Dan O’Donnell lays out what Congressional Republican leadership has devised to replace ObamaCare, beginning with the parliamentary hurdle:
Before the ink had even dried on the House Republican plan to repeal and replace Obamacare, the American Health Care Act (AHCA), Democrats and Republicans alike were blasting it.
Naturally, very few had a chance to actually read the bill, but that didn’t stop every one of them from giving their opinions on it. Most have been remarkably disingenuous, especially those that fail to mention the budgetary process needed to get around a Democratic filibuster in the Senate.
A filibuster is all but a certainty, as Democrats have made it their sole mission to thwart the Republican agenda at quite literally every turn. Heck, they are even delaying President Trump’s Cabinet confirmations longer than any other President’s in American history.
Given that, does anyone really think that they would allow Republicans to just dismantle former President Obama’s singular (and some would say single) domestic policy achievement? Of course they wouldn’t. They would filibuster the American Health Care Act and Republicans would be powerless to stop them.
A cloture vote to stop a filibuster requires 60 Senate votes, and since Republicans only control 52 Senate seats, Democrats will be able to stop any Republican legislation by simply announcing plans to filibuster.
Thanks to a change in Senate rules in the 1970s to a “two-track system” of legislation, they don’t actually have to hold the Senate floor for weeks on end; they merely have to threaten it. Under this two-track system, once they do, if Republicans don’t have the votes for cloture, the filibustered bill (in this case, the AHCA) would quite literally be sidetracked–placed on one track while all other Senate business moves to a second track. The change to a two-track system led to a dramatic rise in filibusters and the AHCA debate would be no exception: The bill would simply stall in the Senate with no hope of rescue unless Republicans were to win an additional eight Senate seats in the 2018 midterms.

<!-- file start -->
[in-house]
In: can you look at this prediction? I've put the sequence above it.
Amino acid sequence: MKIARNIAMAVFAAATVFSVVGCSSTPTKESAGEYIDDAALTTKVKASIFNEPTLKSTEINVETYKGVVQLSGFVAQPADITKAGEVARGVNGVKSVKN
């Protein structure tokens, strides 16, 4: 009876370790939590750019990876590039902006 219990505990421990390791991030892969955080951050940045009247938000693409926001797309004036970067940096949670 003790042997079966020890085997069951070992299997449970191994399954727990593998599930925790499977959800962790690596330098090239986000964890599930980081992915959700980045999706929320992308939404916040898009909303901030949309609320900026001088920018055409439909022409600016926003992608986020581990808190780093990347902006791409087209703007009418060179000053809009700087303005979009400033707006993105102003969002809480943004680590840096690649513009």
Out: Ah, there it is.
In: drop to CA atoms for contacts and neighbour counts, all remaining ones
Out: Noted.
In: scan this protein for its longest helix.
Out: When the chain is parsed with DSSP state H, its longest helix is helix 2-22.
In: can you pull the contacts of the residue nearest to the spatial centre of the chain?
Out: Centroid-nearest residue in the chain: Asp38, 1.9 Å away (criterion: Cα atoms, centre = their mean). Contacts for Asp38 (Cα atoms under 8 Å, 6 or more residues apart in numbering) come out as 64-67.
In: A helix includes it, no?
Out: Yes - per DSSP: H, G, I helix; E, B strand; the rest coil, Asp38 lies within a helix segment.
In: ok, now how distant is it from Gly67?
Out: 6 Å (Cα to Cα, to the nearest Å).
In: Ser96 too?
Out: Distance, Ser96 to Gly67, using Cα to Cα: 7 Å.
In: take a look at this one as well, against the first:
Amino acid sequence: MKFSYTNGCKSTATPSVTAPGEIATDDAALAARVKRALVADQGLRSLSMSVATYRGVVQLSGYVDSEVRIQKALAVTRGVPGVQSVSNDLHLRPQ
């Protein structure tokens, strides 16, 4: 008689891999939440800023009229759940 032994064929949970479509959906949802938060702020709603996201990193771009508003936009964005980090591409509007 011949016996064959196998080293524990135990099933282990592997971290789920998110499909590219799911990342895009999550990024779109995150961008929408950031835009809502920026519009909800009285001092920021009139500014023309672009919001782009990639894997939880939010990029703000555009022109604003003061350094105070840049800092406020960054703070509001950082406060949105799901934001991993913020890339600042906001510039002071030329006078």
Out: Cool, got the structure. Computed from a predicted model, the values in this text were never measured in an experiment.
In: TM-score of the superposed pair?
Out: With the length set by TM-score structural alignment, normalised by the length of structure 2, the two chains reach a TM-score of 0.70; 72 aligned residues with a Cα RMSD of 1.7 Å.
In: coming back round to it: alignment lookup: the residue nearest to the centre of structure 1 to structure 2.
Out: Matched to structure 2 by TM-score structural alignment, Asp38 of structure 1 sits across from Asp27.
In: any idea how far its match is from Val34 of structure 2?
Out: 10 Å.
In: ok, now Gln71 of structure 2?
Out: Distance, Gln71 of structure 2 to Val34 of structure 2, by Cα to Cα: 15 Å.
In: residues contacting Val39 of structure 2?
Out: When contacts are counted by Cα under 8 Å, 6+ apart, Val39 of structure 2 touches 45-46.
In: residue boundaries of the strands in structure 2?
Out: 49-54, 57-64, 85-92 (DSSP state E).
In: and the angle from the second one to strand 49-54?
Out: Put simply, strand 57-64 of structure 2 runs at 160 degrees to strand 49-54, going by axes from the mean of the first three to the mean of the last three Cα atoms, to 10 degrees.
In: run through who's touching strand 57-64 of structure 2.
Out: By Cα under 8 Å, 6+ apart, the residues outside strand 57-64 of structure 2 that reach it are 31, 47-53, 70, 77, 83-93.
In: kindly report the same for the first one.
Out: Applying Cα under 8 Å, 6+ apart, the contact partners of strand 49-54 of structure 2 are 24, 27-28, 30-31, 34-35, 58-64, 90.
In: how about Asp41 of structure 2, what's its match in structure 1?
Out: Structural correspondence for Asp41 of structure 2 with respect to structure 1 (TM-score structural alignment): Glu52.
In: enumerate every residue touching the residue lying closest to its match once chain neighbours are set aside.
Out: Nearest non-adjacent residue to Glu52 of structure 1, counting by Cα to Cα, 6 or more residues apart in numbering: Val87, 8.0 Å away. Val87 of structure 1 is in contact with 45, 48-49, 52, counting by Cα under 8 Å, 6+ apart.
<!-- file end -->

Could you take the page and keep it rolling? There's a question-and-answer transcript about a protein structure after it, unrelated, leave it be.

To get any sort of Obamacare repeal and replace measure passed through Congress, then, Republicans need to get around the filibuster. In a rather ingenious but admittedly limiting move, the House has settled on a method of passing legislation known as “budget reconciliation.” This allows for a bill to pass through the Senate with just 20 hours of debate and no possibility of a filibuster.
However, there are specific requirements for a bill to qualify for the reconciliation process–most notably that the bill be budgetary in nature. This means that the AHCA can only repeal Obamacare’s taxes and spending and not its onerous regulations.
Understandably, conservatives are furious that the bill is not tackling what they believe to be the fundamental problems with Obamacare, but the AHCA does repeal the individual and business mandates–generally seen to be the linchpins of Obamacare itself–as well as taxes or tax increases on prescription medication, over-the-counter medication, medical devices, health savings accounts (HSAs), and Medicare.
The bill also repeals the elimination of deductions for expenses that can be allocated to Medicare Part D subsidies, repeals the increase in the income threshold for medical expense deductions, repeals limitations on contributions to flexible savings accounts (FSAs), establishes a refundable tax credit for health insurance, and increases the maximum contribution limit to HSAs.